Irate parents took to social media to vent their displeasure with the book.  “My kid cried for 45 minutes bc he couldnt get the word scramble right,” said one fan.  “Turns out it was all garbage, like this team!!”  Another highlighted the obscenities in the word search and tweeted, “So I guess u think this is ‘appropriate’ 2 give 2 kids???”  The Shockers initially claimed that “some fans” might have received misprinted copies, but it quickly became clear that all of the books contained the errors and omissions.

Heinz Doofenshmirtz

It turns out that, rather than hiring a professional company to design and print the books, team owner Heinz Doofenshmirtz outsourced the job to a relative who “wants to make kid’s books someday.”  He never provided proofs of the work before printing, and the Saskatchewan front office apparently never asked for any.  Nor did they check the finished books before handing them out.

“Yeah, we had a few problems there,” said Doofenshmirtz.  “The one time I really needed a self-destruct button, we didn’t have one.  How ironic.”

The Shockers have destroyed all remaining copies of the book, and are reportedly looking for a way to compensate the children who may have been upset or traumatized by the event.  “I was going to put a bouncy castle on the roof of our arena and let the kids play on it,” said Doofenshmirtz.  “But it turns out there are some liability issues with that, and our insurance company dropped us after the whole Kazoo Night thing.  So we’re working on it.”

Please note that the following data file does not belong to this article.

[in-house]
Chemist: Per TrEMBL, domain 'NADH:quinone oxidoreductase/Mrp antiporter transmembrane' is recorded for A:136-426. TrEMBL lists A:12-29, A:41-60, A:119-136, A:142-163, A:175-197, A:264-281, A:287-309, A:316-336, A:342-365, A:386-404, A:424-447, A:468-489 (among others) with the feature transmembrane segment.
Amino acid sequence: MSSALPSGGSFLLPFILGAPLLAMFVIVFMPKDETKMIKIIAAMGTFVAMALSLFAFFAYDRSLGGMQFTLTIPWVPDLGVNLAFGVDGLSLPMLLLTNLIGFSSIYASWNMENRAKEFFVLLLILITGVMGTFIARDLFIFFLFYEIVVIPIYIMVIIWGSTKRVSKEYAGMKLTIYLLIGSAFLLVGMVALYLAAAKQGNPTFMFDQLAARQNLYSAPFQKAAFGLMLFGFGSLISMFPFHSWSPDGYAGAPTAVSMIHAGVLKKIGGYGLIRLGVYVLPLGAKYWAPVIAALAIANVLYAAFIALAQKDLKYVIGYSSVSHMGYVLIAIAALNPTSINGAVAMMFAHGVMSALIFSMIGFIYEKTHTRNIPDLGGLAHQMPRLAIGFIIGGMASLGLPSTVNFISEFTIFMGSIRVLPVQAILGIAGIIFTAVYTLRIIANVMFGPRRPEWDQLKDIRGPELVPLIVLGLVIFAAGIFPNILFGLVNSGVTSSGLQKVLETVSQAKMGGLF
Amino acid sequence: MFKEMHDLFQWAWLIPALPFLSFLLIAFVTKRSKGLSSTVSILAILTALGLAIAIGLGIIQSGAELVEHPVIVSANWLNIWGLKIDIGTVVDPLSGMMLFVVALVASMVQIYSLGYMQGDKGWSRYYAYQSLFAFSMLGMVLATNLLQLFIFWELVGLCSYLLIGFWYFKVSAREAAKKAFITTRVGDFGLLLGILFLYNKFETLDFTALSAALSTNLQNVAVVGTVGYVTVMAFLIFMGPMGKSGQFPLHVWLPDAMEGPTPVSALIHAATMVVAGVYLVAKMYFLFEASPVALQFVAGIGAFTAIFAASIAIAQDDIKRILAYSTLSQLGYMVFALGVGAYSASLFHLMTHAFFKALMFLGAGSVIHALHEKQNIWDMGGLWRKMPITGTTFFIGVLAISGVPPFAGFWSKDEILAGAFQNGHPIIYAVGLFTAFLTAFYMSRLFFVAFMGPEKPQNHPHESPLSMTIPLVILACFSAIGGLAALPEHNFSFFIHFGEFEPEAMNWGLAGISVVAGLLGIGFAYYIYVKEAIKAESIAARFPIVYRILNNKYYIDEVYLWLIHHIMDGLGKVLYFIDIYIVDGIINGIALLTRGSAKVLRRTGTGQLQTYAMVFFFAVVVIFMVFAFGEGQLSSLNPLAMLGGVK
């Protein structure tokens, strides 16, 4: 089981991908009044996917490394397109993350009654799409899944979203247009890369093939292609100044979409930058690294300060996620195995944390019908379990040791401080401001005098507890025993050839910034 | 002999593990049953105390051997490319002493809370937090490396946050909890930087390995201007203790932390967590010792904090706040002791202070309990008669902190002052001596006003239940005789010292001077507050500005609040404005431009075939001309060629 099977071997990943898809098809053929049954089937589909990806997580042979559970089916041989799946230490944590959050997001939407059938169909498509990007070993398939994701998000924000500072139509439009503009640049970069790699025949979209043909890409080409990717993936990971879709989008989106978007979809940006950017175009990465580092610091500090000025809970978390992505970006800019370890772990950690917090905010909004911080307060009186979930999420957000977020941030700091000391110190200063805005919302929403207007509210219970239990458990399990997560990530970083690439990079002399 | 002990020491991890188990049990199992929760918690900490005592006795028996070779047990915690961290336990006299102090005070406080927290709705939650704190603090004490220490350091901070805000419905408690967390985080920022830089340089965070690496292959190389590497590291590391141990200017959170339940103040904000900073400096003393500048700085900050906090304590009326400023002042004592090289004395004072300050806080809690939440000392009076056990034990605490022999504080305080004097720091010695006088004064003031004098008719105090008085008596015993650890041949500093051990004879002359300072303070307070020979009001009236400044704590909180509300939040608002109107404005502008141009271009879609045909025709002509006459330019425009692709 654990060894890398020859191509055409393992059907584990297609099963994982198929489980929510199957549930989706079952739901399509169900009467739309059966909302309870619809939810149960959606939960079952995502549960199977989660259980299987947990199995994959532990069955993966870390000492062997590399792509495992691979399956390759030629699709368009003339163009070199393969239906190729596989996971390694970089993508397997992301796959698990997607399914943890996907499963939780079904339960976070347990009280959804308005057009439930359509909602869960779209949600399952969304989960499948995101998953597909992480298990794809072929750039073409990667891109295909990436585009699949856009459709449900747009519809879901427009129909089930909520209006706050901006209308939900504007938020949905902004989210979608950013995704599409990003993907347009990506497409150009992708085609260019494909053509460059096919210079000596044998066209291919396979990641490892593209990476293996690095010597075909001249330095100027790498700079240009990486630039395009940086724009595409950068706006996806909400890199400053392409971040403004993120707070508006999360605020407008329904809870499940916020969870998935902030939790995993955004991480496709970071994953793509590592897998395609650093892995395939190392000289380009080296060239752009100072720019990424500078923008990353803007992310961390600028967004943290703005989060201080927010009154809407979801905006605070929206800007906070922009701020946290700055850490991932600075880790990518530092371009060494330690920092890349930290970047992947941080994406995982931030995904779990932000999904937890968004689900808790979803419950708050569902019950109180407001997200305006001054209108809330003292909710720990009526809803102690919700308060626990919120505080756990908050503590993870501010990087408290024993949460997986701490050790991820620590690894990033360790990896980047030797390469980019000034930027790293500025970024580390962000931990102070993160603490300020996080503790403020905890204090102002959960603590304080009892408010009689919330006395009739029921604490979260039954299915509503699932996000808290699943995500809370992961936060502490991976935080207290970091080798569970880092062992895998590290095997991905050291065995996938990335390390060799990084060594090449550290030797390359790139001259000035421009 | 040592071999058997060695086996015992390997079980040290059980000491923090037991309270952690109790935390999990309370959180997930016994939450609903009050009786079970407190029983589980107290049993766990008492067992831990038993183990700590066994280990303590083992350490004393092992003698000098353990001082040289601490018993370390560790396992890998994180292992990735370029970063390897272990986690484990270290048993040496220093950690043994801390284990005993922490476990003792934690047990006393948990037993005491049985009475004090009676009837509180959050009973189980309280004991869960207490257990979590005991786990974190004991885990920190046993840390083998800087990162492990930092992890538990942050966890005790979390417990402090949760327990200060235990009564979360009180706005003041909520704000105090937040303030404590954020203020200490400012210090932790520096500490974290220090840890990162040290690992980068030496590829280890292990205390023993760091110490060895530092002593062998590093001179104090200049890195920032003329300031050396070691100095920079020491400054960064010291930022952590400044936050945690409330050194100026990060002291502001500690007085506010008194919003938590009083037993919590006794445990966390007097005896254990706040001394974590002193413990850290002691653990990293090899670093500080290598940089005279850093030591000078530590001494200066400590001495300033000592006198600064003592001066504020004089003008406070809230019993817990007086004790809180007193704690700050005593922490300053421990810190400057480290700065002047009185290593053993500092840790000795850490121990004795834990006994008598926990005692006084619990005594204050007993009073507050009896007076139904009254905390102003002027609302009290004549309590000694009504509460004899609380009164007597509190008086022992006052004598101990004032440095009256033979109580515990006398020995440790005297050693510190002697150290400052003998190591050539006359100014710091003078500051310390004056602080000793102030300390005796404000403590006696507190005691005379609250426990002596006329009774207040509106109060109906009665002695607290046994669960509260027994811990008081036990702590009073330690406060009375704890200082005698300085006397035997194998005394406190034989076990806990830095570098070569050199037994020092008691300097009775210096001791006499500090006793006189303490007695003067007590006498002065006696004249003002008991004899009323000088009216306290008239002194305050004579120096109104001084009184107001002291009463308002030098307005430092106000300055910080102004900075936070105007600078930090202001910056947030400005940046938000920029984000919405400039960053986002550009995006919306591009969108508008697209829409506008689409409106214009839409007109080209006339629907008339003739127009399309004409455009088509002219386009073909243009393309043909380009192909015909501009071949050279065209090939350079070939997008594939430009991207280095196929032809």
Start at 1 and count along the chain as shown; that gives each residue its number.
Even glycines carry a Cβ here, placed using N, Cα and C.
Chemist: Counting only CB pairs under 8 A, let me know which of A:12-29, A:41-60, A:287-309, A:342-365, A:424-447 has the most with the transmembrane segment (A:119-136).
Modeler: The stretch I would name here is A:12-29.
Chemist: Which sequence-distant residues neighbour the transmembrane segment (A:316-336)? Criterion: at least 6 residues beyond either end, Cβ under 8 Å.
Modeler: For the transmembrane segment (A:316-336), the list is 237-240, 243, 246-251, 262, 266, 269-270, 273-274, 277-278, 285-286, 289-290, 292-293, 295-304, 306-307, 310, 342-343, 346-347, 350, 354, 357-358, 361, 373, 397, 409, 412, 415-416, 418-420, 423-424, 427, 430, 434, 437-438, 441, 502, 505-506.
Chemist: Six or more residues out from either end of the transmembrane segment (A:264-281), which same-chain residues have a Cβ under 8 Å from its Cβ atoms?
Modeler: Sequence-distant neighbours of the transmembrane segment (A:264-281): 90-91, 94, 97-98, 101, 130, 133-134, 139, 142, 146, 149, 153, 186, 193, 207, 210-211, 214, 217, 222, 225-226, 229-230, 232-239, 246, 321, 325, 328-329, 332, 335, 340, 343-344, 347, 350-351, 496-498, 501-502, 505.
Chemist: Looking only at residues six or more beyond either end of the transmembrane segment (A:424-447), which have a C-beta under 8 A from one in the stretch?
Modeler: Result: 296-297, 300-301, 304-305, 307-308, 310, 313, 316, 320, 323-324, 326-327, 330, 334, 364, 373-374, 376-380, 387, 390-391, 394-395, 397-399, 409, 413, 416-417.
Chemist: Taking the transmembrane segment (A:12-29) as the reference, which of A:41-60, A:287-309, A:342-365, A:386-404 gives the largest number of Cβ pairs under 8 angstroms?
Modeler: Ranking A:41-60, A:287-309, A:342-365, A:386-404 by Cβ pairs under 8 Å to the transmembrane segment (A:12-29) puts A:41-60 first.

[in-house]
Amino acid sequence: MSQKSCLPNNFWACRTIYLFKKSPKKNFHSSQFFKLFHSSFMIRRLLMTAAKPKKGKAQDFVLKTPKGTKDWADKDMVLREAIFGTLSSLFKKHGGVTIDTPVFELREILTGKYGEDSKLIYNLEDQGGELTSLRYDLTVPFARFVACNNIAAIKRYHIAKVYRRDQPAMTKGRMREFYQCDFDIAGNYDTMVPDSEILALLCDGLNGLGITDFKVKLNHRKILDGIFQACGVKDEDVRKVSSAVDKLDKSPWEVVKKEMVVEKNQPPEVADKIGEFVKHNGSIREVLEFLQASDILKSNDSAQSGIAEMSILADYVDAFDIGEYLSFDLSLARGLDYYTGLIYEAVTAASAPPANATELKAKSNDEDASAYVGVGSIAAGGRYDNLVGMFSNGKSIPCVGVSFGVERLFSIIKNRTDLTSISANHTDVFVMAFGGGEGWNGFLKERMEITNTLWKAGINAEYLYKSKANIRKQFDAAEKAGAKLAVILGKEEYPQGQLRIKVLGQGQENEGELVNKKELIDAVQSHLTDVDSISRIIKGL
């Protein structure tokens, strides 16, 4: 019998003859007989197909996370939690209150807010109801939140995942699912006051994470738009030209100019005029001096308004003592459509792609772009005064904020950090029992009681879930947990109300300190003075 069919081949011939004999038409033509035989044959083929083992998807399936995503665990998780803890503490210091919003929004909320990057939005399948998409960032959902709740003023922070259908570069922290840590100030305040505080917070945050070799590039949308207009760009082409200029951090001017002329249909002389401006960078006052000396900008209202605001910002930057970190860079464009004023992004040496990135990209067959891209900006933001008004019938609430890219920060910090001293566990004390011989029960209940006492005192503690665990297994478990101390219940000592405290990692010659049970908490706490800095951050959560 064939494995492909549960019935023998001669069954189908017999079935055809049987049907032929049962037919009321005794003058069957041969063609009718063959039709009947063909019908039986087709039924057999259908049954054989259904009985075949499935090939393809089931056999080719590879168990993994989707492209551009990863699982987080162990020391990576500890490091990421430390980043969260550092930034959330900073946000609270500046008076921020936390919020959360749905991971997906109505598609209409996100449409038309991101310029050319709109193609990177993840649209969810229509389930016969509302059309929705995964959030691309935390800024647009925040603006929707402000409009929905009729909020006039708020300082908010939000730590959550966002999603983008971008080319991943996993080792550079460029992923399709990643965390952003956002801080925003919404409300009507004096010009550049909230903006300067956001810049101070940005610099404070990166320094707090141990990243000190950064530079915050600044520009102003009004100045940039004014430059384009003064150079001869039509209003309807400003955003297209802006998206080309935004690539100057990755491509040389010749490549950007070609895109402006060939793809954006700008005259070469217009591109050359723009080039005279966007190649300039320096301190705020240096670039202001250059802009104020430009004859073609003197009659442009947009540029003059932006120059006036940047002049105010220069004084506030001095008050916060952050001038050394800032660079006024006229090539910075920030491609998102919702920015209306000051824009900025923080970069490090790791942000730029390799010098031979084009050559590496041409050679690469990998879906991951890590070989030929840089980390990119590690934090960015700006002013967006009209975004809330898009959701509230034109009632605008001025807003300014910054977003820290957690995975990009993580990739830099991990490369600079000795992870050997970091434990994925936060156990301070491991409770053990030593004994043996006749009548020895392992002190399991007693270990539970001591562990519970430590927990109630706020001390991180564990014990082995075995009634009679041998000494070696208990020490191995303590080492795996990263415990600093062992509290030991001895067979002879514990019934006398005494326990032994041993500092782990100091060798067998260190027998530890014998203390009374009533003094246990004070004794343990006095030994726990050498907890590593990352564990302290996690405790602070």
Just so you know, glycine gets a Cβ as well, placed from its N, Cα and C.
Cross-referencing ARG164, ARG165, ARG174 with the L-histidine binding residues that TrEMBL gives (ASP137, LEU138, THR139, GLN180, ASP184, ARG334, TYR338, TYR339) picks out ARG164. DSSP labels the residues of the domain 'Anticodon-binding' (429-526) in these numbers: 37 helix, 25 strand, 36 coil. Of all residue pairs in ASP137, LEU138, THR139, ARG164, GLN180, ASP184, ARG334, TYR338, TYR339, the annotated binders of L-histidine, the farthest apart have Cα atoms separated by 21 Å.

At least one person from the Shockers had no problem with the promotion.  “I don’t see what all the fuss is about,” quipped coach Myron Beasley.  “I found the word search very educational.”

Shockers’ Practice Arena Damaged by Fire

The Saskatchewan Shockers will need to find another venue for their practice skates for the next several weeks, as the locker room at their practice facility was badly damaged by a fire.  The culprits: Shockers C Foster Culp — and a microwave burrito.